An initiative supporting recreational marijuana legalization in Arizona has successfully gathered more signatures than were required for it to make the November ballot. This post from eacourier.com highlights the progress of the Campaign to Regulate Marijuana Like Alcohol.
Arizonans may have the choice to join other states in legalizing marijuana for recreational use.
The backers of the Campaign to Regulate Marijuana Like Alcohol announced Tuesday it collected more than 200,000 signatures in support of an initiative to end marijuana prohibition in Arizona. The campaign is required to have 150,642 valid signatures of registered Arizona voters to make the November ballot.
“Voters want to have their say on whether Arizona should end marijuana prohibition,” campaign chairman J.P. Holyoak said. “It’s appearing more and more likely that they are going to have that opportunity. We’re finding that most Arizonans agree marijuana should be regulated and taxed similarly to alcohol.”
In February, Holyoak, who is a medical marijuana dispensary owner, debated Pinal County Attorney Lando Voyles over legalizing marijuana for recreational use at an event at Victory Theater in Safford. The event was sponsored by the Graham County Tea Party and Graham County Republican Women Club.
The Arizona Medical Marijuana Act passed by a slim margin of voters in 2010 and allows the production, sale and possession of marijuana to licensed dispensaries — one of which is allowed per each Community Health Analysis Area — and cardholders.
There are 125 separate Community Health Analysis Areas throughout the state and nearly 90,000 medical marijuana patients, as of January 2016. A patient with a marijuana card is allowed to purchase up to 2.5 ounces of marijuana every two weeks. Arizona dispensaries sold nearly 4,000 pounds of marijuana, including raw marijuana, edibles and other formulations, in January alone.
Safford has an operating medical marijuana dispensary, but a dispensary in Clifton that was opened under the same license holder as the Safford location closed after an internal struggle over operations. The contents of the store were sold at auction to cover back rent. Marijuana and marijuana-laced edibles found at the store were taken by the Clifton Police Department for safe storage and disposal.
Under the proposed Regulation and Taxation of Marijuana Act, adults 21 and older would be allowed to possess up to 1 ounce of marijuana and grow up to six plants in their homes without obtaining licenses, as long as the plants are in a secure area. The initiative would also create a distribution system similar to Colorado’s, where licenses and businesses produce and sell marijuana and pay a 15-percent tax on retail sales to be allocated to education — including funding all-day kindergarten — and public health. Half the money generated for education would fund K-12 school operations and maintenance, and the other half would fund all-day kindergarten.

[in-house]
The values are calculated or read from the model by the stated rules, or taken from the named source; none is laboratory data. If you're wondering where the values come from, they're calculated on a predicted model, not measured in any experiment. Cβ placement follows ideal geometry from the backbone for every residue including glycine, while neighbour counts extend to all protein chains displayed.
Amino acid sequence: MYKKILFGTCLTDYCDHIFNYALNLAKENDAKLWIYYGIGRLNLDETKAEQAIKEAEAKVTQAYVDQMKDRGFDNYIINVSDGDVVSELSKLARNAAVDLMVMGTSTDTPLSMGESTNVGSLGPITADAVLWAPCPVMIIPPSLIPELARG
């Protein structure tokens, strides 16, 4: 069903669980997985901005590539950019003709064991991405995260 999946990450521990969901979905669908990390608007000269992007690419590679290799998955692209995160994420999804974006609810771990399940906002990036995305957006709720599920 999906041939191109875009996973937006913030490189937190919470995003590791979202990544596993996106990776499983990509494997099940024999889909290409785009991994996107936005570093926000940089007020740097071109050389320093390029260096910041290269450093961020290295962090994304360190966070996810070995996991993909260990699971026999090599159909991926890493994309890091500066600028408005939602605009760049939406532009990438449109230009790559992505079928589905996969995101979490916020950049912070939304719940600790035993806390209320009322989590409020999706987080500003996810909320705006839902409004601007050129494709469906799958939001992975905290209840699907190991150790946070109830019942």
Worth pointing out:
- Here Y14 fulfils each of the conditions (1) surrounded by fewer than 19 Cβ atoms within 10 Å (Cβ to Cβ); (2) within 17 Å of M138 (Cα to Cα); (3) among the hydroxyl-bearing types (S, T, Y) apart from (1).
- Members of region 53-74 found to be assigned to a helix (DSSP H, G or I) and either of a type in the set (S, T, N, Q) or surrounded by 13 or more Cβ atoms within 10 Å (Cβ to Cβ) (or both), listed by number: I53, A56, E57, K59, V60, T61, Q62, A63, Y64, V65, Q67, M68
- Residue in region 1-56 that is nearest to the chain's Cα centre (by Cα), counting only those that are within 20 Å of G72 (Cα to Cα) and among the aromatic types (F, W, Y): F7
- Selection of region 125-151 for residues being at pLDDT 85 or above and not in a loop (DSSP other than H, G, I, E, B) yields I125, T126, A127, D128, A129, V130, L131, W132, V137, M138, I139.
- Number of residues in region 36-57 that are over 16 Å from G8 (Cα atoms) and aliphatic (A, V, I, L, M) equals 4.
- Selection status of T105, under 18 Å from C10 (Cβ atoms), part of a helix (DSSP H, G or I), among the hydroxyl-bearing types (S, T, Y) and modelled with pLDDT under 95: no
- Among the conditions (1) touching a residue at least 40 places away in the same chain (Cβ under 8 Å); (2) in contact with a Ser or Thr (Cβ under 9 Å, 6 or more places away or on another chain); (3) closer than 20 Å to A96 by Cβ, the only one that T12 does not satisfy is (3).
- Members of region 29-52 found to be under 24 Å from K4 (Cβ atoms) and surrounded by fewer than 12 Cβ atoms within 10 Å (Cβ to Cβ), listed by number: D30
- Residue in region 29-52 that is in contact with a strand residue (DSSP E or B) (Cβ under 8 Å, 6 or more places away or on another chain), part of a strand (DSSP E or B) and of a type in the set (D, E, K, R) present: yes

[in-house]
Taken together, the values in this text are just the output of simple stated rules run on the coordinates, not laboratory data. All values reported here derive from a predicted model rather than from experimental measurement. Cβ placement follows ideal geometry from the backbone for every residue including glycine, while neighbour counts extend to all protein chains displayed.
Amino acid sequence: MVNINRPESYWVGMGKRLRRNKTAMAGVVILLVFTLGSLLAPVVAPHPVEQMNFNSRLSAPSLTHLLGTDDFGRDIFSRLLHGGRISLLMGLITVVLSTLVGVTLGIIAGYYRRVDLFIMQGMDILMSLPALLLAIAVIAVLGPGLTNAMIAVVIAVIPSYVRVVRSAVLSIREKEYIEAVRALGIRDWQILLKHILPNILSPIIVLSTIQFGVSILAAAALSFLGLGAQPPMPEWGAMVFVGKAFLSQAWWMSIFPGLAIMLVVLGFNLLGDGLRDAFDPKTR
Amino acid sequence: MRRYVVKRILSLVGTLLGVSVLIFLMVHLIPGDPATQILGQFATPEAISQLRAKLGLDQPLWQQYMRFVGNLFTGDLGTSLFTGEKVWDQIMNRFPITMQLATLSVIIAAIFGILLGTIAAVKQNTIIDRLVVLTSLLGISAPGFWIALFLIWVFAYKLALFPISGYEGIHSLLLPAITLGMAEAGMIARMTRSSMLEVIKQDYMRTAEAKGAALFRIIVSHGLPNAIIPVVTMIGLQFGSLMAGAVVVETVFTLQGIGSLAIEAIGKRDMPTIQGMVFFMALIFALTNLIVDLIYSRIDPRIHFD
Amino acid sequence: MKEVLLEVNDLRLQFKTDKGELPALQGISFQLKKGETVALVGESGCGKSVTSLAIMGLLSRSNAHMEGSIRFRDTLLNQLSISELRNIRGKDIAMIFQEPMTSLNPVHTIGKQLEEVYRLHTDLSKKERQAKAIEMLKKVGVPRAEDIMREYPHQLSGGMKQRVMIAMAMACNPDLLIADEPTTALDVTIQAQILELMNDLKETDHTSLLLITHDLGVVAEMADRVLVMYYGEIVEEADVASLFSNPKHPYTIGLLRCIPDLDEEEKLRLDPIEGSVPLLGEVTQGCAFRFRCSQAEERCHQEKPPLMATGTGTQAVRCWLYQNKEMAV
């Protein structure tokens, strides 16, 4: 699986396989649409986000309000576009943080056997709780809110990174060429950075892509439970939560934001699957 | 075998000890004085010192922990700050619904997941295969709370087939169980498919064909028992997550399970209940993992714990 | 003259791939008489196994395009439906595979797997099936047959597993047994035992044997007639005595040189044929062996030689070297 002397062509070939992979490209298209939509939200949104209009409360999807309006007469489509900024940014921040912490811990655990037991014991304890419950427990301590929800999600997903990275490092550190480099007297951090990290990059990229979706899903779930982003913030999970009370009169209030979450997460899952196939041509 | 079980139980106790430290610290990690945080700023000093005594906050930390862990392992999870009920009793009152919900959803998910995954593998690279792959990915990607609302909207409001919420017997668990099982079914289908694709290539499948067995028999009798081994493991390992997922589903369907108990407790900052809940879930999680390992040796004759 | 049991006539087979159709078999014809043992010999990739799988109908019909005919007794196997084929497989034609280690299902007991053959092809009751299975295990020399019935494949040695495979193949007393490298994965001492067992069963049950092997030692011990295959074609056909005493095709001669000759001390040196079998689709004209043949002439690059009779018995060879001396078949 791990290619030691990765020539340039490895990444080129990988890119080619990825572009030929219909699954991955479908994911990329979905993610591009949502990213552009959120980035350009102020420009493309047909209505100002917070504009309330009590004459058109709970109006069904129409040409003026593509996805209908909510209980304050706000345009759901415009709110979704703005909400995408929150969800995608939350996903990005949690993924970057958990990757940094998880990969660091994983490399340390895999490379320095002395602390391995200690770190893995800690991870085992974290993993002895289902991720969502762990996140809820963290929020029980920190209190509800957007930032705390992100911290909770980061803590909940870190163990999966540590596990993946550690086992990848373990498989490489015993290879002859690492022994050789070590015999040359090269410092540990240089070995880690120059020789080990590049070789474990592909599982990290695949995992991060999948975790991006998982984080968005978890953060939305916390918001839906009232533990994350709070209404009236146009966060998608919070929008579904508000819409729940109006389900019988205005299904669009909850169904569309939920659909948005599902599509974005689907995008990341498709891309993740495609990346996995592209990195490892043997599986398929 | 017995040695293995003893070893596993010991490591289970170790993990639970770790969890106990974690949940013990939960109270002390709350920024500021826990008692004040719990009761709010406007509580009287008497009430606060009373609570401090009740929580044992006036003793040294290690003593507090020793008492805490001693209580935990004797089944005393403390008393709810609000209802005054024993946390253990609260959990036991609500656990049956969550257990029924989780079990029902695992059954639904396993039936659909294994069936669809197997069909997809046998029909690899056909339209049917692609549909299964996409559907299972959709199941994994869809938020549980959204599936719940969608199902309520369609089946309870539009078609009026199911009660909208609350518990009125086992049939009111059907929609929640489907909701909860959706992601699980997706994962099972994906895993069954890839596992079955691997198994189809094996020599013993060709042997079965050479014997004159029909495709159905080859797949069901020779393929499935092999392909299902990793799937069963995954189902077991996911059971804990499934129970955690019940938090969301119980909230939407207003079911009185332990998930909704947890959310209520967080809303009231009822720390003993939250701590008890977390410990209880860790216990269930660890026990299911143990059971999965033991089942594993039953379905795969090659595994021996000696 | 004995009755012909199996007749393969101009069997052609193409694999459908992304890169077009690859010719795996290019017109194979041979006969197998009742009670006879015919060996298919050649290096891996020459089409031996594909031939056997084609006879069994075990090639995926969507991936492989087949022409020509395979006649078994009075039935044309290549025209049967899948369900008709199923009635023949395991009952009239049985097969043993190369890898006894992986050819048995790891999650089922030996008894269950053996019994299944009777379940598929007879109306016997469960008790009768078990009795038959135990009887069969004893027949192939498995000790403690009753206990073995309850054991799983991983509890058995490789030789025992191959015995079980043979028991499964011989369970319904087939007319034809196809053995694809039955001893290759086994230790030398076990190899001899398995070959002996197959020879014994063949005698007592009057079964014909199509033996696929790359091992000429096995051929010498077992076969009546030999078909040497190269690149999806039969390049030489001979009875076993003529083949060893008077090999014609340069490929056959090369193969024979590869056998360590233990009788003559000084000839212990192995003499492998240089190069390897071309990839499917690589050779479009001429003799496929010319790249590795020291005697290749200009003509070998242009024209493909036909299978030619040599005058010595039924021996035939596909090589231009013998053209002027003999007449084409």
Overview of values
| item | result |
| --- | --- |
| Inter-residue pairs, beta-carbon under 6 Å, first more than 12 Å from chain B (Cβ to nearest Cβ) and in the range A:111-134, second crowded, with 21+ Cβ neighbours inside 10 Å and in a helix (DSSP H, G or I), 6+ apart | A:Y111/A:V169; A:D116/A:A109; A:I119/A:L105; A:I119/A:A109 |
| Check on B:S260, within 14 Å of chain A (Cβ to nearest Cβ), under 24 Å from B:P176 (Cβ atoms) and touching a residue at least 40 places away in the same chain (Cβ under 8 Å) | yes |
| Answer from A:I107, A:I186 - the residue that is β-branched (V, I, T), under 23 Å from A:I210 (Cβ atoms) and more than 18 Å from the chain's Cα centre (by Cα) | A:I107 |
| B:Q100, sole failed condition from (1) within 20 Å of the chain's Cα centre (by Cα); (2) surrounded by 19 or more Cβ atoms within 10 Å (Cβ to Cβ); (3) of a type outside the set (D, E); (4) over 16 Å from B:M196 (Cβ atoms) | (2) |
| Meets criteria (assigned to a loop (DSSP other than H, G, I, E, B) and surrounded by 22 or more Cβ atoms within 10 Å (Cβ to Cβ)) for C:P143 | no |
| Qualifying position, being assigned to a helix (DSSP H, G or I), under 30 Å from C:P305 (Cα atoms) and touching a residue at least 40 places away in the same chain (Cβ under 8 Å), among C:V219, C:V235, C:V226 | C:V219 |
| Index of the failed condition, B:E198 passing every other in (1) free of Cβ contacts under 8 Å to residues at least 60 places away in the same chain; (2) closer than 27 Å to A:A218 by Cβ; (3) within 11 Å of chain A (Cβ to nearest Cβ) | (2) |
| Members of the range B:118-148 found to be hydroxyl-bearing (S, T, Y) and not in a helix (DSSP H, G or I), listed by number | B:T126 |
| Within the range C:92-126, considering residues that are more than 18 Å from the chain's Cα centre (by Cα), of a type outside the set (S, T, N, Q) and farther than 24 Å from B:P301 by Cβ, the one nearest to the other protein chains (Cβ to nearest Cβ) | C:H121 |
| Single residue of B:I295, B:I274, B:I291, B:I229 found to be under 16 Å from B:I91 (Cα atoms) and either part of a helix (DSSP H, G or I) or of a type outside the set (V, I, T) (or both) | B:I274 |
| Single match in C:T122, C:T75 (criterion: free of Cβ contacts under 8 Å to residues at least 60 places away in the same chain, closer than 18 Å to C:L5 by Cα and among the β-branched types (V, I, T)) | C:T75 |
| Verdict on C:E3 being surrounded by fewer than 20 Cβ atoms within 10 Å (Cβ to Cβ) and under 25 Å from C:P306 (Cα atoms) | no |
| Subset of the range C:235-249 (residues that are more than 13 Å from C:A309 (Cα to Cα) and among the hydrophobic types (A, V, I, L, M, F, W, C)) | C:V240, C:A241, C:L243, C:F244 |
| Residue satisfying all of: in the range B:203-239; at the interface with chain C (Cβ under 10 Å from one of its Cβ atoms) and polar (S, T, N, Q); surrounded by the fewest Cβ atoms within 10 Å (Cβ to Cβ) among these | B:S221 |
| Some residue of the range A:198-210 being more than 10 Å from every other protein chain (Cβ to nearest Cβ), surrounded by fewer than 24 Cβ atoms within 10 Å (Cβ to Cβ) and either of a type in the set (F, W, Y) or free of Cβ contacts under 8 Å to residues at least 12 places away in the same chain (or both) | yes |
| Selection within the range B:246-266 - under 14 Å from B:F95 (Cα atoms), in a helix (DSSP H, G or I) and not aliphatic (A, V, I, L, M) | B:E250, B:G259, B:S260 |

Colorado and Washington became the first two states to legalize recreational marijuana use in 2012. In 2014, Alaska, Oregon and Washington, D.C., also legalized its use. There are currently 23 states that allow for medical marijuana use and approximately 12 states that could legalize recreational marijuana use in 2016, whether by voter propositions or government initiatives. The states up for legalization include California and Nevada that would, along with Arizona and the already legal states of Washington and Oregon, form a connecting legalized area stretching from Canada to Mexico and cover the entire West Coast.
“The level of interest in signing our petition seems to grow as people learn more about marijuana and the specifics of the initiative,” Holyoak said. “The simple truth is that marijuana is less harmful than alcohol, and marijuana prohibition has been just as big of a failure as alcohol prohibition. Arizonans think it’s time for a more sensible approach, and that’s exactly what we’re proposing.”
The bill has its opponents, however, both of whom are for and against the legalization of marijuana but somehow share similar talking points.
Backers of a competing initiative, the Arizonans for Mindful Regulation, oppose the bill just as much as staunch anti-marijuana advocates such as Yavapai County Attorney Sheila Polk and Maricopa County Attorney Bill Montgomery.
While Polk and Montgomery do not want to see any legalization, Arizonans for Mindful Regulation supporters don’t think Holyoak’s initiative, which is backed by the Marijuana Policy Project, goes far enough in its legalization of the plant. The Marijuana Policy Project also backed the successful Arizona Medical Marijuana Act.
However, Arizonans for Mindful Regulation supporters also believe the Marijuana Policy Project bill would create an unfair advantage for those who already have medical marijuana dispensaries because those providers would initially be the first ones able to sell recreational marijuana as well, a belief also held by Polk and Montgomery.
While the 86 current medical marijuana dispensaries would have the first opportunity to branch into recreational sales, the retail marijuana licenses will be capped at roughly 160, which would allow for competition and not monopolize markets, according to the Marijuana Policy Project bill’s supporters.